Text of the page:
Monday, December 10, 2018

CITY DIARY: Hedge fund boss Crispin Odey wins big from Brookfield’s collapsed takeover of Intu

The dastardly Mr Deedes

Schadenfreude: Hedge Funder Crispin is the big winner from Brookfield¿s collapsed takeover of Intu

Schadenfreude: Hedge Funder Crispin is the big winner from Brookfield’s collapsed takeover of Intu

Buffoonish hedge funder Crispin Odey is a winner from the collapsed takeover of Intu. 

He staked a £40million bet against the shopping centre owner’s shares, which yesterday fell 40 per cent. 

Back-from-the-dead Odey, whose heart soars at the first sign of crisis, once gleefully declared: ‘Bad days tend to be good for us.’

City grandees including Michael Spencer, Roland Rudd and Paul Drechsler were out in force this week for the Sunday Times’ Business party at Claridge’s. 

No sign of Topshop tycoon Sir Philip Green, once the life and soul of the well-attended shindig until BHS’s collapse was first uncovered by the newspaper. 

His narrow-eyed public relations man Neil Bennett, however, was more willing to accept a flute of the Murdoch fizz.

Jacob Rees-Mogg’s description of Bank of England governor Mark Carney as a ‘failed second-tier politician’ is an escalation in tensions. 

The pair sparred regularly during Treasury select committee hearings but this breaks new ground. 

Two years ago, Jacob opened proceedings by thanking Carney for his invite to the Bank’s Christmas party. I doubt there’s a seasonal ‘stiffy’ in the post to Castle Mogg this year.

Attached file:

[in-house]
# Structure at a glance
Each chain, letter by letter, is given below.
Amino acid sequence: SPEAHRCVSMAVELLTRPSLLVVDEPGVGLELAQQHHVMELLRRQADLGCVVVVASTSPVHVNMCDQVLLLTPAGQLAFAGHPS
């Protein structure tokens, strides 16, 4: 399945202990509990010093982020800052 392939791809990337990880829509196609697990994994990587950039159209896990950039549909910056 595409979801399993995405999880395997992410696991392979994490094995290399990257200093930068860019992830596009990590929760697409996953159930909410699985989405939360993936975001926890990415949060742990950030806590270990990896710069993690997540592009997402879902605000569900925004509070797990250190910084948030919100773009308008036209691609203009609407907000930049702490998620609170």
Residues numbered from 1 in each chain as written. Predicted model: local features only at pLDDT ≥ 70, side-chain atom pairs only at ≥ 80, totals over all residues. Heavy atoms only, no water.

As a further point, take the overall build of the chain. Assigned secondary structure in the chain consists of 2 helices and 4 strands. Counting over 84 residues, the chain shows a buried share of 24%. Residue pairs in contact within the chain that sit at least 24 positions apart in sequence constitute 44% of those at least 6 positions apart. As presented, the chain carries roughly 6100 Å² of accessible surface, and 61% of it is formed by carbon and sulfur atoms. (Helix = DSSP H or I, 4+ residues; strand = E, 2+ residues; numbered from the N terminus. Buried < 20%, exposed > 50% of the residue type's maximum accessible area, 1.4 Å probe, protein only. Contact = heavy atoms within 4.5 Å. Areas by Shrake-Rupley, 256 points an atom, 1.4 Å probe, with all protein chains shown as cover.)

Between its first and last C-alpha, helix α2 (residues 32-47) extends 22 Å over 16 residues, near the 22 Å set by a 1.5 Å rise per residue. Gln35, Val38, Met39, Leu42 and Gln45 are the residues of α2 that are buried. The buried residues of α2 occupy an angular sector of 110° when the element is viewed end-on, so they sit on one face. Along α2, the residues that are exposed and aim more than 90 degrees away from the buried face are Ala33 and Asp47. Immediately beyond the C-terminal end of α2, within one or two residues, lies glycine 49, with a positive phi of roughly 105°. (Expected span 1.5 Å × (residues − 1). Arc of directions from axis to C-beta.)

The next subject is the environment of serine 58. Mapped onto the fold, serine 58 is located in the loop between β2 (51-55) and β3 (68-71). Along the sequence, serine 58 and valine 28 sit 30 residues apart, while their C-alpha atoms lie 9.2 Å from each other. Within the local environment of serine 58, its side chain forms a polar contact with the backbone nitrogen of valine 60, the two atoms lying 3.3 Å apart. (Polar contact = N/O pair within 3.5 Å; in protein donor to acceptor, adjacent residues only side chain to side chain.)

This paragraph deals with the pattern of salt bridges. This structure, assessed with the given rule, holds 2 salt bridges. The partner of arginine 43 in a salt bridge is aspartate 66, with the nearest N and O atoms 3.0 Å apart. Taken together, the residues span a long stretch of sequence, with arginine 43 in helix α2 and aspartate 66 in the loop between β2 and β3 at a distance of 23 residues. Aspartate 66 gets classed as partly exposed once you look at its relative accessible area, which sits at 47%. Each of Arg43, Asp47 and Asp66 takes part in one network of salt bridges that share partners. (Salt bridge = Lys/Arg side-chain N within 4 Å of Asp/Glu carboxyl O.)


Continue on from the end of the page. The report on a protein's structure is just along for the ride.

A peculiar postscript to Donald Trump’s sacking of matronly Federal Reserve chairman Janet Yellen, whom he replaced earlier this year with hawkish silver fox Jerome Powell. 

The Washington Post reports the President was very impressed when he interviewed her about serving a second term but took issue with her physical stature. 

He reportedly told aides on the National Economic Council that, at 5ft 3in, the old dear simply wasn’t tall enough to lead the central bank. Barmy, but the Donald appears riddled with petty prejudices.

Chancellor Philip Hammond attended a reception on Wednesday for the Abraham Fund Initiatives, where he was guest of honour. 

Despite his Eeyorish public persona, I’m told that Hammond was witty and engaging company. 

Aides practically had to drag him away from guests to catch his flight to Buenos Aires for today’s G20 summit. 

Certainly a more dignified spectacle than the one his Cabinet colleagues put on across town at the Spectator’s backslapping Parliamentarian awards.



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